And 23 per cent of 18 to 24-year-olds have turned to buy-now-pay-later services to fund their spending since the start of lockdown, according to Compare The Market, even though youth unemployment is set to triple to the highest levels since the 1980s because of the pandemic.
It’s worth taking a closer look at the potential risks around these services. Earlier this year, Alice Tapper – a financial literacy expert and campaigner – started a petition to educate young consumers about these schemes.
Tapper says they “promote overspending” – an online shopper’s basket value increases by 55 per cent when shopping with instalments, and this is only helpful if the shopper has the funds for their haul in the first place.
“Due to the lack of regulation on these products, it's meant that buy-now-pay-later providers have the opportunity to present what is ultimately debt as something that's quite fun and sexy,” she says.
Clare Seal – author of The Real Life Money Journal and Instagram account @myfrugalyear, which charts her journey out of £27,000 worth of debt – warns how easy it can be to fall into a cycle of debt with credit schemes and cards. “You have to go into it with your eyes open," she says.
Taking steps to avoid overspending
If you are worried you are overspending with online shopping and it is causing you to get into debt or spend beyond your means, consider the following options for getting on top of the situation.
1. Remove apps and automatic card details
“Try to put as many barriers in place to buying as possible,” Hepburn says, suggesting taking apps that facilitate online shopping off your phone, as well as removing your bank card details from being stored online – making it more difficult to make that “one-click” purchase without thinking things through.
“The less automatic purchasing is, the more time you have to stop and think, and the less likely you are to hit buy."
2. Consider if it is worth using payment plans or credit card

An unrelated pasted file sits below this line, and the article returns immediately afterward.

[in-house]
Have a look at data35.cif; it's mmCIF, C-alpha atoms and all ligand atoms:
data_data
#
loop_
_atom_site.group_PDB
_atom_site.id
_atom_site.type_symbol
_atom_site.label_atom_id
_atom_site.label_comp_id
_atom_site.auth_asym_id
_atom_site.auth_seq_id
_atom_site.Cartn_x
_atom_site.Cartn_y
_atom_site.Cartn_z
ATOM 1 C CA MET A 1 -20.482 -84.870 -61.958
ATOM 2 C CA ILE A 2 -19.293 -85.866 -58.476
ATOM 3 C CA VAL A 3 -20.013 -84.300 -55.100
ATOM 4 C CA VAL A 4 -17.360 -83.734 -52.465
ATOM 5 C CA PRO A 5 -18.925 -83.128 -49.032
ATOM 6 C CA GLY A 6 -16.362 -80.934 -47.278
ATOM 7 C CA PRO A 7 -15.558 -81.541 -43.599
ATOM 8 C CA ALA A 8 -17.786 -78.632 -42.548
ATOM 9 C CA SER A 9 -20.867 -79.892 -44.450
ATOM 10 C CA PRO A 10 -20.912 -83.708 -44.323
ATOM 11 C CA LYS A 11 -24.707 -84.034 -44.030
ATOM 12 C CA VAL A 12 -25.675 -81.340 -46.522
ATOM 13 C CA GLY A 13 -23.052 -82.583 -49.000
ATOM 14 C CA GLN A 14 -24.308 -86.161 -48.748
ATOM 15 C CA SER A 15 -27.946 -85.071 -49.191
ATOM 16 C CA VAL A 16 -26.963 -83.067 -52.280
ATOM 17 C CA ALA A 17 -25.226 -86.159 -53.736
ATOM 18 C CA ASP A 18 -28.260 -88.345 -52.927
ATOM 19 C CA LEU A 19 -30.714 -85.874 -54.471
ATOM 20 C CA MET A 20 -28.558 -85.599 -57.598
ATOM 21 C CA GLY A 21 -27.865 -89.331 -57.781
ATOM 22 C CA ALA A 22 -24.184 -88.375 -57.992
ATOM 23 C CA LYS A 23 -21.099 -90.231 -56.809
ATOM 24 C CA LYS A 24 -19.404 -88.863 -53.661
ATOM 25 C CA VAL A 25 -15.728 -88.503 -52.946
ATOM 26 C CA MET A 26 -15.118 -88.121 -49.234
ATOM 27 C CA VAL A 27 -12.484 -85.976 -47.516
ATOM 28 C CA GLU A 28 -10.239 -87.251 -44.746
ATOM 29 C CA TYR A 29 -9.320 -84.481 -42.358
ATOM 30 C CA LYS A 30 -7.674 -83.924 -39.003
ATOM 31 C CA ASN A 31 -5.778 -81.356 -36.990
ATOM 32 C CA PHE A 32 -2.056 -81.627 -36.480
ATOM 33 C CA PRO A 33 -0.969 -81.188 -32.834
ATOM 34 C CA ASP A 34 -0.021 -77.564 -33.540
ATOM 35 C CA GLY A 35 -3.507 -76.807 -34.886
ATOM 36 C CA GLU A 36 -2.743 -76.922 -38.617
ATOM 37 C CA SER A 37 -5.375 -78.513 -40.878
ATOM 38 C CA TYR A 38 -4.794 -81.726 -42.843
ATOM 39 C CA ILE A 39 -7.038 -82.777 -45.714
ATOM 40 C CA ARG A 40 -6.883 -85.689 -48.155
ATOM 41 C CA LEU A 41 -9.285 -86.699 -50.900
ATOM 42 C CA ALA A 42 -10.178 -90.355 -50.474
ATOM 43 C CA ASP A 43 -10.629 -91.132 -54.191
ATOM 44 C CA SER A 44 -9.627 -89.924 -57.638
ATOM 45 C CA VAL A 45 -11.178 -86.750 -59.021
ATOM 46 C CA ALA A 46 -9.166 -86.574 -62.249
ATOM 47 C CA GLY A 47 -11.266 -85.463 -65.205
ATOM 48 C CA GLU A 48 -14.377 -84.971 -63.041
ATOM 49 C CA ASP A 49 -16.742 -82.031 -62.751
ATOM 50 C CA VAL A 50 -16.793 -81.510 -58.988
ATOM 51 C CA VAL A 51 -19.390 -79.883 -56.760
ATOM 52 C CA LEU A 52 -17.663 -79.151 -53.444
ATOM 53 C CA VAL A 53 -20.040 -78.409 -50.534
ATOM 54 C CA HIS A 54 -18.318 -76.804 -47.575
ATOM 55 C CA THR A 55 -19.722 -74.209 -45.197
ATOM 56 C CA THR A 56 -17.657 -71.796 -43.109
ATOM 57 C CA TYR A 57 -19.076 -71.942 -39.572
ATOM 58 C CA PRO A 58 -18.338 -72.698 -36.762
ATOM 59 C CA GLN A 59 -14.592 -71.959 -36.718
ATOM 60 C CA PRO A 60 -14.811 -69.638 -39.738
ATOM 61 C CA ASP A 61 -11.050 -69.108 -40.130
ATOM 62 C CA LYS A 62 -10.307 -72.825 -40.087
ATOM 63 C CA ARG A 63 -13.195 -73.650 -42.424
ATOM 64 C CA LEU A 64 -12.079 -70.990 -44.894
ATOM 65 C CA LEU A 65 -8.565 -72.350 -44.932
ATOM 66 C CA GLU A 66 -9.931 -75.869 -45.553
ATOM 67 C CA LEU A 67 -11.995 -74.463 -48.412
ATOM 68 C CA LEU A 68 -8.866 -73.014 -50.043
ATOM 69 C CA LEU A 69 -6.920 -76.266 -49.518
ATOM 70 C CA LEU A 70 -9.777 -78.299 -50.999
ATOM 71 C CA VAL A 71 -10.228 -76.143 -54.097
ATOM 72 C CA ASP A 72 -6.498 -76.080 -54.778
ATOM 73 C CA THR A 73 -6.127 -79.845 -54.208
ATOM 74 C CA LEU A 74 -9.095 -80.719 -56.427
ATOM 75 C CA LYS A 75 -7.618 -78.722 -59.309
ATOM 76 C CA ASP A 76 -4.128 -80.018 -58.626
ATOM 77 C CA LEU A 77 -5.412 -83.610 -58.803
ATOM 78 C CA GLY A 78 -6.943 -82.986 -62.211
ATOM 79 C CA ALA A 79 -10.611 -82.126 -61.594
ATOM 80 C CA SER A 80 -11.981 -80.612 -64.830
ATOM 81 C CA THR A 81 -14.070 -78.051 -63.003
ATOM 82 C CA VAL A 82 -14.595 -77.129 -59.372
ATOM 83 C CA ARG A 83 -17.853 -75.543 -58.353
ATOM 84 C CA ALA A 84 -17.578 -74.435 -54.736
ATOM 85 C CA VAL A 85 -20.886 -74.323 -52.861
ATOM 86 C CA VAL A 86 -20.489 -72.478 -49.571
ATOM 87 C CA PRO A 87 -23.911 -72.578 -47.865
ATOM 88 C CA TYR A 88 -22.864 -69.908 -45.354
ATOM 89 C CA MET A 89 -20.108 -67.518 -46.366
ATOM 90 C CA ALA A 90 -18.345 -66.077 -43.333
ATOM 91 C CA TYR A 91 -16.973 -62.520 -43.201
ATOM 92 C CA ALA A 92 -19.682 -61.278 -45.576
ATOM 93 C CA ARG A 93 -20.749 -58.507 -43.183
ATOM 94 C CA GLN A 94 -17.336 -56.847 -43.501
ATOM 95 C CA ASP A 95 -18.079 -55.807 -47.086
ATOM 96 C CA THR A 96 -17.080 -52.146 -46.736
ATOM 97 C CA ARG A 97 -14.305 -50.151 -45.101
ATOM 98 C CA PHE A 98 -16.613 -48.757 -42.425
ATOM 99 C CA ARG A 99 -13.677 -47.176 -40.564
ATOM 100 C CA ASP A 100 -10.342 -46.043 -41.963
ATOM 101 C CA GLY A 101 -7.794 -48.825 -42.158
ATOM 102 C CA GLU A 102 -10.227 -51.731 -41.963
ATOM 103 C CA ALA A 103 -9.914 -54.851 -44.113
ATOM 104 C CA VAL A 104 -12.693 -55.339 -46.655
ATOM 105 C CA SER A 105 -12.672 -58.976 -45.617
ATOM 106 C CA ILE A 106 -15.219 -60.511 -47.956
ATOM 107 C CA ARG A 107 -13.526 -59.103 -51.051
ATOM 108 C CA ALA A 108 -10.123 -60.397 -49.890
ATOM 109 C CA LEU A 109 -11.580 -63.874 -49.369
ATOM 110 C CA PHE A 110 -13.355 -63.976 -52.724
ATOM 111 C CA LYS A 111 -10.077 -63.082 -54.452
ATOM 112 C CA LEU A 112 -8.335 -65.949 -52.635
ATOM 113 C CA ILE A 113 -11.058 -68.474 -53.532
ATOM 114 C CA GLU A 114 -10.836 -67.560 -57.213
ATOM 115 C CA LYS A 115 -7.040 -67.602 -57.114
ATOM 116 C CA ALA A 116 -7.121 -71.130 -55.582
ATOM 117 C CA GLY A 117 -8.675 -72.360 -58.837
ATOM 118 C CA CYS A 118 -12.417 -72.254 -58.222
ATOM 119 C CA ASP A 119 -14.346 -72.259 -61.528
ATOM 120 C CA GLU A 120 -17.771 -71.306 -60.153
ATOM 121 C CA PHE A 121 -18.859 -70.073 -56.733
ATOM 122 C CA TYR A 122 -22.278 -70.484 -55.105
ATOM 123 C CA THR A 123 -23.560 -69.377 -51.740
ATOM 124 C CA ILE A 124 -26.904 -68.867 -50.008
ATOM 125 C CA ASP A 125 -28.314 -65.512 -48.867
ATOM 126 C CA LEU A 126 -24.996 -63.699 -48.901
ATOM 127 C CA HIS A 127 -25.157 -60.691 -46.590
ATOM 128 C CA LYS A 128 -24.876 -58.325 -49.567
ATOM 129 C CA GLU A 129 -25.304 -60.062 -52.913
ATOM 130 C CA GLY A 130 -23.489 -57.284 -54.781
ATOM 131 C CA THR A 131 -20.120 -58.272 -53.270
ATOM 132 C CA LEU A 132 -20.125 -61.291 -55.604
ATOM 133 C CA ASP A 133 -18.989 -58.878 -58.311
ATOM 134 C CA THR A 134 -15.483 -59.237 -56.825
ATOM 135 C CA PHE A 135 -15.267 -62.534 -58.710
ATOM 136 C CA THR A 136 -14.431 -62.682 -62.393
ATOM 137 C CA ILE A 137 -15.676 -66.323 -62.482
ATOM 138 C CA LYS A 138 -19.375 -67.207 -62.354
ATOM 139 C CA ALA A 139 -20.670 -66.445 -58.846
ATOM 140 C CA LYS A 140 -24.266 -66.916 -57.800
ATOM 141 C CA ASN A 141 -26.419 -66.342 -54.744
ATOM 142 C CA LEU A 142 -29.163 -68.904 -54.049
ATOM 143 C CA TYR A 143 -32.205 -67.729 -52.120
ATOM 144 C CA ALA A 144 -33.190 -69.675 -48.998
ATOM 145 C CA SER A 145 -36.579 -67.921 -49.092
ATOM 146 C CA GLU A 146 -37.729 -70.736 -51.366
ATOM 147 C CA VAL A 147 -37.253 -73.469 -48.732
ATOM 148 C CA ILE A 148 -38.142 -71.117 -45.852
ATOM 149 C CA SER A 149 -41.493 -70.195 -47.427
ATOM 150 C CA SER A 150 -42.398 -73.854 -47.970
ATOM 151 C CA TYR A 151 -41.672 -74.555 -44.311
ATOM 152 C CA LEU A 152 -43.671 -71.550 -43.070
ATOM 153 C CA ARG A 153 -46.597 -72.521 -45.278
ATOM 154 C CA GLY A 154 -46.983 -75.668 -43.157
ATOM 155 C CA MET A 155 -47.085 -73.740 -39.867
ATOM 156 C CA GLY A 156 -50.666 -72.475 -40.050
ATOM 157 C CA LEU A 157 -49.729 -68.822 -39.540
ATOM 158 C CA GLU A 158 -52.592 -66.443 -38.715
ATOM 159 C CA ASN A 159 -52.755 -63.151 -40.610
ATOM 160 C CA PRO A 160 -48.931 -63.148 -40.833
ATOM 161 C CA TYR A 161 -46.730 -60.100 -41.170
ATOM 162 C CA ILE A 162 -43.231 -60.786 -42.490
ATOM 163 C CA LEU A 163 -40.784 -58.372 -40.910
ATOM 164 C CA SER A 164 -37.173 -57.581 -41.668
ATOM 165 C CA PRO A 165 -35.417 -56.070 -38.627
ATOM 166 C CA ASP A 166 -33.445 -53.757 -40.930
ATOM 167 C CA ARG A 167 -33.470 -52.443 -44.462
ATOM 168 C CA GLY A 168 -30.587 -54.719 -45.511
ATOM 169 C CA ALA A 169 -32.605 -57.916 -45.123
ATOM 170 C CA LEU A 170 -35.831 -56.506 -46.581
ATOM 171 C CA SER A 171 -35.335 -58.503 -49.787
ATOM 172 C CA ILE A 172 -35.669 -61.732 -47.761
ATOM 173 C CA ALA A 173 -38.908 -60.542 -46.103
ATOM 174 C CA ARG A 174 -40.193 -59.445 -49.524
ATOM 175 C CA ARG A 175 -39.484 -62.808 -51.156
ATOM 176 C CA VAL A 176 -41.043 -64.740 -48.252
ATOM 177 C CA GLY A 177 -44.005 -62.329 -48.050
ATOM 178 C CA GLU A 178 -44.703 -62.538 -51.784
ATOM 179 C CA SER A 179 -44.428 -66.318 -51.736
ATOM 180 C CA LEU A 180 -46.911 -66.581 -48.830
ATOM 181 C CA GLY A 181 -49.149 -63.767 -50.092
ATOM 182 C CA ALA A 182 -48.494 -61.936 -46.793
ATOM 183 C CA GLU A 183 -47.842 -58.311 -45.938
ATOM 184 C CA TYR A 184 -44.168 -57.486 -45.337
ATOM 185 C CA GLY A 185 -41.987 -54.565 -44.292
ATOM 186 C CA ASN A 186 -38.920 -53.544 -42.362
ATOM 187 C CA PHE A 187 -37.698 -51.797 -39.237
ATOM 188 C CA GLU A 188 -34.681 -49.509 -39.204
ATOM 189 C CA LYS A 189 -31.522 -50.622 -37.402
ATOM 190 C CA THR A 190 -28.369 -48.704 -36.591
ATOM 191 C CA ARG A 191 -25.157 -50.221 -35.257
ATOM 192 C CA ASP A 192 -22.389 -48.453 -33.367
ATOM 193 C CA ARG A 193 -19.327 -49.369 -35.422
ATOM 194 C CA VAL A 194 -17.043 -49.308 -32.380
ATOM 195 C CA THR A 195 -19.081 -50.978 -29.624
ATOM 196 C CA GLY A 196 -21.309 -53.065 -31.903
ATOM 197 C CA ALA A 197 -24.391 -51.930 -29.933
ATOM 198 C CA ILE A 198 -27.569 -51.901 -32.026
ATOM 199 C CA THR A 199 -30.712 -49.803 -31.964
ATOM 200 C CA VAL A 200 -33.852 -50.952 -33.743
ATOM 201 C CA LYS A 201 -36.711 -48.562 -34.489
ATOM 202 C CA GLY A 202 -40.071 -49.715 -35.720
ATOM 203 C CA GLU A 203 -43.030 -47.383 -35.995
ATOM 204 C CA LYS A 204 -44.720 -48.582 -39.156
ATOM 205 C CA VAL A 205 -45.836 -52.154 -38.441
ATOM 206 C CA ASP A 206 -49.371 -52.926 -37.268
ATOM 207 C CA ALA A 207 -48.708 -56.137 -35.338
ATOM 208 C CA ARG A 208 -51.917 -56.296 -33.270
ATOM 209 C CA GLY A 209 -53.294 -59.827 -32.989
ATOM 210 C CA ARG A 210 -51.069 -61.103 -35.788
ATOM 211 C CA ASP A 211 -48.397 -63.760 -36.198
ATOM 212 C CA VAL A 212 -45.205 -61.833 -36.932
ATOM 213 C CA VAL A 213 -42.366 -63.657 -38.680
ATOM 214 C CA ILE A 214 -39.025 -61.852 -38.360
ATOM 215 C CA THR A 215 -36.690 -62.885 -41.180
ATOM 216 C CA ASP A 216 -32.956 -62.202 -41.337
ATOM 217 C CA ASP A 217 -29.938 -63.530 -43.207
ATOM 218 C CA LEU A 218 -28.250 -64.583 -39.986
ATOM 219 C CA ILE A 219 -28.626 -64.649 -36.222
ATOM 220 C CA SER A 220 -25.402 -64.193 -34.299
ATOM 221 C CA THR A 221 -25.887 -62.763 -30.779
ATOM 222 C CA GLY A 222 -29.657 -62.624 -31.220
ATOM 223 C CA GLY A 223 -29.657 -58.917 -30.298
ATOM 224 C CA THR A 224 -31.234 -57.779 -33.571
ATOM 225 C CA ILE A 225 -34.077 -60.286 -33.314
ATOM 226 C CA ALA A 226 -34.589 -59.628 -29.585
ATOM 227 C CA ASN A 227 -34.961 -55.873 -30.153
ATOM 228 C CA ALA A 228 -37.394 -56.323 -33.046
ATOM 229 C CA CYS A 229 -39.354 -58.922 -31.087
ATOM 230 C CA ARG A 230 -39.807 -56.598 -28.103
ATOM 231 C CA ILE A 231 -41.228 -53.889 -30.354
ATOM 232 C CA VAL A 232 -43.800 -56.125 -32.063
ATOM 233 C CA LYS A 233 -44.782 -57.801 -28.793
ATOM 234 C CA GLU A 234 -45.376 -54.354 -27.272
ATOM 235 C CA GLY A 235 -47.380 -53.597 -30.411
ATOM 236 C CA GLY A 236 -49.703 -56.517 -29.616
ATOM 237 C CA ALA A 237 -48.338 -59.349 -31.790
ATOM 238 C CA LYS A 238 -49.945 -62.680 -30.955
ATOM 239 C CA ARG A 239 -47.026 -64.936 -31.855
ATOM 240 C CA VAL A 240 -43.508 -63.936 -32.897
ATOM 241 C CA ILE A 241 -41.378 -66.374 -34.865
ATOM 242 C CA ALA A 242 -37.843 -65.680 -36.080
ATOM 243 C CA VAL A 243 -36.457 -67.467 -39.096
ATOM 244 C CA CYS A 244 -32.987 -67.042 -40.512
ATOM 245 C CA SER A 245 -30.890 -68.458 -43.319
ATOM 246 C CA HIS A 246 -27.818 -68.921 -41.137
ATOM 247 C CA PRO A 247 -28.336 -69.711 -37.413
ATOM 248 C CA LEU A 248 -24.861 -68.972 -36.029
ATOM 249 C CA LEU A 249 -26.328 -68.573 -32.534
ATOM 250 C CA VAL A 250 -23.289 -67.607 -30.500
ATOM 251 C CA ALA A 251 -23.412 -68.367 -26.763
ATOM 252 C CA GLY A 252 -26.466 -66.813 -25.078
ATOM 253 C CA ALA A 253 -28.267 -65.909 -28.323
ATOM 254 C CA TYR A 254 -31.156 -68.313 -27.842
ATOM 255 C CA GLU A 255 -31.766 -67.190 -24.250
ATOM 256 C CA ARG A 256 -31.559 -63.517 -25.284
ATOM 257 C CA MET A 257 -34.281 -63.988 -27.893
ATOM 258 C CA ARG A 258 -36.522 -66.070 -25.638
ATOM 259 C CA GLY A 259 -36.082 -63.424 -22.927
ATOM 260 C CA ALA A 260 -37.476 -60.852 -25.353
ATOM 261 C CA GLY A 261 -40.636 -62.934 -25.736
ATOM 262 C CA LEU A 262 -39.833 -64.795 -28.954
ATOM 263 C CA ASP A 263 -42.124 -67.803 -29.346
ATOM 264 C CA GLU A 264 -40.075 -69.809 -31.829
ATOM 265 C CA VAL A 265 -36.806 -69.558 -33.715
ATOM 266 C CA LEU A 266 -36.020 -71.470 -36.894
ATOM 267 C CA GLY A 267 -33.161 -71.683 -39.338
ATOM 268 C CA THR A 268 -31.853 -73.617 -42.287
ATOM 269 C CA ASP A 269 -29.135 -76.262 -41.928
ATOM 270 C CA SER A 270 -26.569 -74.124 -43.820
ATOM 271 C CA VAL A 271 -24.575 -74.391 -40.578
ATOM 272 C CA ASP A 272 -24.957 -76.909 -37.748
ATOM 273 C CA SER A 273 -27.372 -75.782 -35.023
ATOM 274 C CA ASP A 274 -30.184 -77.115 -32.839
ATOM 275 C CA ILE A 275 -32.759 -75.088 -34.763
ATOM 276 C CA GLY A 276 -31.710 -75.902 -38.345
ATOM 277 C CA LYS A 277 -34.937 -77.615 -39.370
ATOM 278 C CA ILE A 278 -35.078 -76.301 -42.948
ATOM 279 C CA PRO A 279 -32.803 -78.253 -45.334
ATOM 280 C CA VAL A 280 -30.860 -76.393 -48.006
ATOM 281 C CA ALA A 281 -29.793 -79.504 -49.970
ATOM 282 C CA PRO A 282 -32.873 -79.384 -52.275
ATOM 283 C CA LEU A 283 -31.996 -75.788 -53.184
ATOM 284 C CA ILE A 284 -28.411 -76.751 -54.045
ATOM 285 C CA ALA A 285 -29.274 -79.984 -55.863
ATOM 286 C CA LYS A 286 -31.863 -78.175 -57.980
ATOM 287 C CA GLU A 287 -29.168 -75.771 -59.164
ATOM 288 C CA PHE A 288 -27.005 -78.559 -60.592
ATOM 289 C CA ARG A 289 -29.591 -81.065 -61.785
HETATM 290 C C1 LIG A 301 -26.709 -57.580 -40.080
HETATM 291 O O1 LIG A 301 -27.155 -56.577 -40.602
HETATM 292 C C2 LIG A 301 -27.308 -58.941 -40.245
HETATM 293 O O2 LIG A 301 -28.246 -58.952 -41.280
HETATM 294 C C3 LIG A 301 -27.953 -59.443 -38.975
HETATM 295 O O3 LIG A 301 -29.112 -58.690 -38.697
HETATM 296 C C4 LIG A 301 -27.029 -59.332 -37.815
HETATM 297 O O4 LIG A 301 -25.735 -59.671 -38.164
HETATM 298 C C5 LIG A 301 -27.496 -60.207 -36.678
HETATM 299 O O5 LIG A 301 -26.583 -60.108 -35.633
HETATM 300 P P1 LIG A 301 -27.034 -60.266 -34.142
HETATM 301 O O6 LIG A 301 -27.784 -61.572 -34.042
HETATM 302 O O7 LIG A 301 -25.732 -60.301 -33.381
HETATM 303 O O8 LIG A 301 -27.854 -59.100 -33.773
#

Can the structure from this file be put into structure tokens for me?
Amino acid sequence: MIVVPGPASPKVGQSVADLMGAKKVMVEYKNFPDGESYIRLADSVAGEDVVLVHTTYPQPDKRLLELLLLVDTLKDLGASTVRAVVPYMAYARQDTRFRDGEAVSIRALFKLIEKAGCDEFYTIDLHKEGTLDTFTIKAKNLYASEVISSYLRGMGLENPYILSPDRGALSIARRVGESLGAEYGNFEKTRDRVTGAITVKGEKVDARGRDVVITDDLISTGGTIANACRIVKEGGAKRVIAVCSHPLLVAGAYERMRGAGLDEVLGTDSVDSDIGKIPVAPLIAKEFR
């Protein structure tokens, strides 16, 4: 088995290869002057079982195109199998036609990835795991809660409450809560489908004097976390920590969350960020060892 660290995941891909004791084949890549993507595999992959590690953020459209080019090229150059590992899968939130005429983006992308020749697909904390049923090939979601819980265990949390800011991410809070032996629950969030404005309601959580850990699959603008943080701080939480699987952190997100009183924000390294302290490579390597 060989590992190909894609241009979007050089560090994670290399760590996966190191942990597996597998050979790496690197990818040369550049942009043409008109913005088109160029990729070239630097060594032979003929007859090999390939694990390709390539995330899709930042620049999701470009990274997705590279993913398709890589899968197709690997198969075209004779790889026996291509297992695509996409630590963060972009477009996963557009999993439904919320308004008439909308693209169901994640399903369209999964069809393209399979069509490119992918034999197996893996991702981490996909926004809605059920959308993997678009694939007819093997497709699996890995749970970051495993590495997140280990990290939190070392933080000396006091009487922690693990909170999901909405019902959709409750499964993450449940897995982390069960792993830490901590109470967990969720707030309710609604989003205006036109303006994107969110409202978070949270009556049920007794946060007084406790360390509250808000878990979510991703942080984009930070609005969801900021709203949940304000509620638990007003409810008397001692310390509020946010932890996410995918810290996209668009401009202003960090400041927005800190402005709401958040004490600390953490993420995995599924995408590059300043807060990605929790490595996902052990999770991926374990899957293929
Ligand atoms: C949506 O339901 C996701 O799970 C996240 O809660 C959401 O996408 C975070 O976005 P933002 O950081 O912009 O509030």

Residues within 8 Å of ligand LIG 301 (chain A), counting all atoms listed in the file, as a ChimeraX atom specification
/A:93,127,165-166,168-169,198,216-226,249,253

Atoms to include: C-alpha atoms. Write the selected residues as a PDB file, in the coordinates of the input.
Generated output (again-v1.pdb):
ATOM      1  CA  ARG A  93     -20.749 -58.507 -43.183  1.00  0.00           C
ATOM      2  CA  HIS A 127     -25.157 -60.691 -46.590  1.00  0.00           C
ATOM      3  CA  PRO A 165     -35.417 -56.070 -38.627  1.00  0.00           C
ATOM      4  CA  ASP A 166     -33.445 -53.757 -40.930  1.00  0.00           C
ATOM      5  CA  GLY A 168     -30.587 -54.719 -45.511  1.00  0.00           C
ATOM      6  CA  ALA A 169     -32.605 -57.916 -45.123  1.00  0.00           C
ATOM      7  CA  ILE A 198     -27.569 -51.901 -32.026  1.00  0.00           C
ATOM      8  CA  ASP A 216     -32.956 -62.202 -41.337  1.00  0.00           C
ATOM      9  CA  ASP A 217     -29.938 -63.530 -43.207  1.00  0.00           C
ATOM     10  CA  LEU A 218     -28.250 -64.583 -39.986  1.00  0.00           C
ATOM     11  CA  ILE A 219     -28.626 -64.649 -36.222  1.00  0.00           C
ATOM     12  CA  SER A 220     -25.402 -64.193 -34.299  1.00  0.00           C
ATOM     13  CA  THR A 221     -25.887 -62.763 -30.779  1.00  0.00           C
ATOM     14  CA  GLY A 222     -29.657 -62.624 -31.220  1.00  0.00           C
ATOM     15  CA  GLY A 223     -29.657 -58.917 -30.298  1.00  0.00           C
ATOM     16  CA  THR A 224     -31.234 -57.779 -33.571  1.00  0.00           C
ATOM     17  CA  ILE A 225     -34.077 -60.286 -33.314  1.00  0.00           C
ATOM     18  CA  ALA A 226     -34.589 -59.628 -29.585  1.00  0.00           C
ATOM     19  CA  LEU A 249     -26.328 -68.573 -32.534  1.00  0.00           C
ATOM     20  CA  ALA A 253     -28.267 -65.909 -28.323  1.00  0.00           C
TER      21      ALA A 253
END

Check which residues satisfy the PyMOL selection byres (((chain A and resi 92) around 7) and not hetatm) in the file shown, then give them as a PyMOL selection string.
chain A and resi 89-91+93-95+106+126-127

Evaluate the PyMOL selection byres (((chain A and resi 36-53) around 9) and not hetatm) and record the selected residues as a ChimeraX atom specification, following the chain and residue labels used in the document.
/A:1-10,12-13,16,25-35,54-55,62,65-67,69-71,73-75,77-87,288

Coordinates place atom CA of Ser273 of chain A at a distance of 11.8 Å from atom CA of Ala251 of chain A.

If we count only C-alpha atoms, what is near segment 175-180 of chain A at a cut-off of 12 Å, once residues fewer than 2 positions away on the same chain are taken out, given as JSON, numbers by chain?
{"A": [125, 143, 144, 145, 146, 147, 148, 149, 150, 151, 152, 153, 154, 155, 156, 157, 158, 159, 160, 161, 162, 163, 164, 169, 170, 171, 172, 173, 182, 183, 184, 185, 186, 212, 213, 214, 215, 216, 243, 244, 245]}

Online shopping, and using a credit card or payment plans to pay for your haul, are not categorically bad habits. But it’s important to make sure you’re in control and doing it safely.
When it comes to using buy-now-pay-later schemes responsibly, Tapper advises that you ensure your default payment method on your most-used retail sites isn’t automatically set to a buy-now-pay-later scheme. Many of her case studies had “accidentally” used the service and “ultimately ended up in debt” because of it, she says.
3. Take a night to mull it over
Clare also suggests taking a night to mull over a more pricey online shopping conquest. "Always sleep on a purchasing decision if the cost is over about £20, to make sure that it’s a conscious decision and not just an impulse buy,” she says.
4. Think about long term purchases
The trick is to teach yourself to differentiate between what’s going to make you happy in the short term, and what’s going to be best for you in the long term, according to Hepburn.
“Buying is driven by short-term reward,” she says. “Bearing in mind the long term cost can help to balance the draw of the short term reward.”
5. Educate yourself
But above all, arming yourself with as much information as possible to take into these uncertain financial waters is key. “Equipping yourself with good financial knowledge is incredibly important,” Tapper says.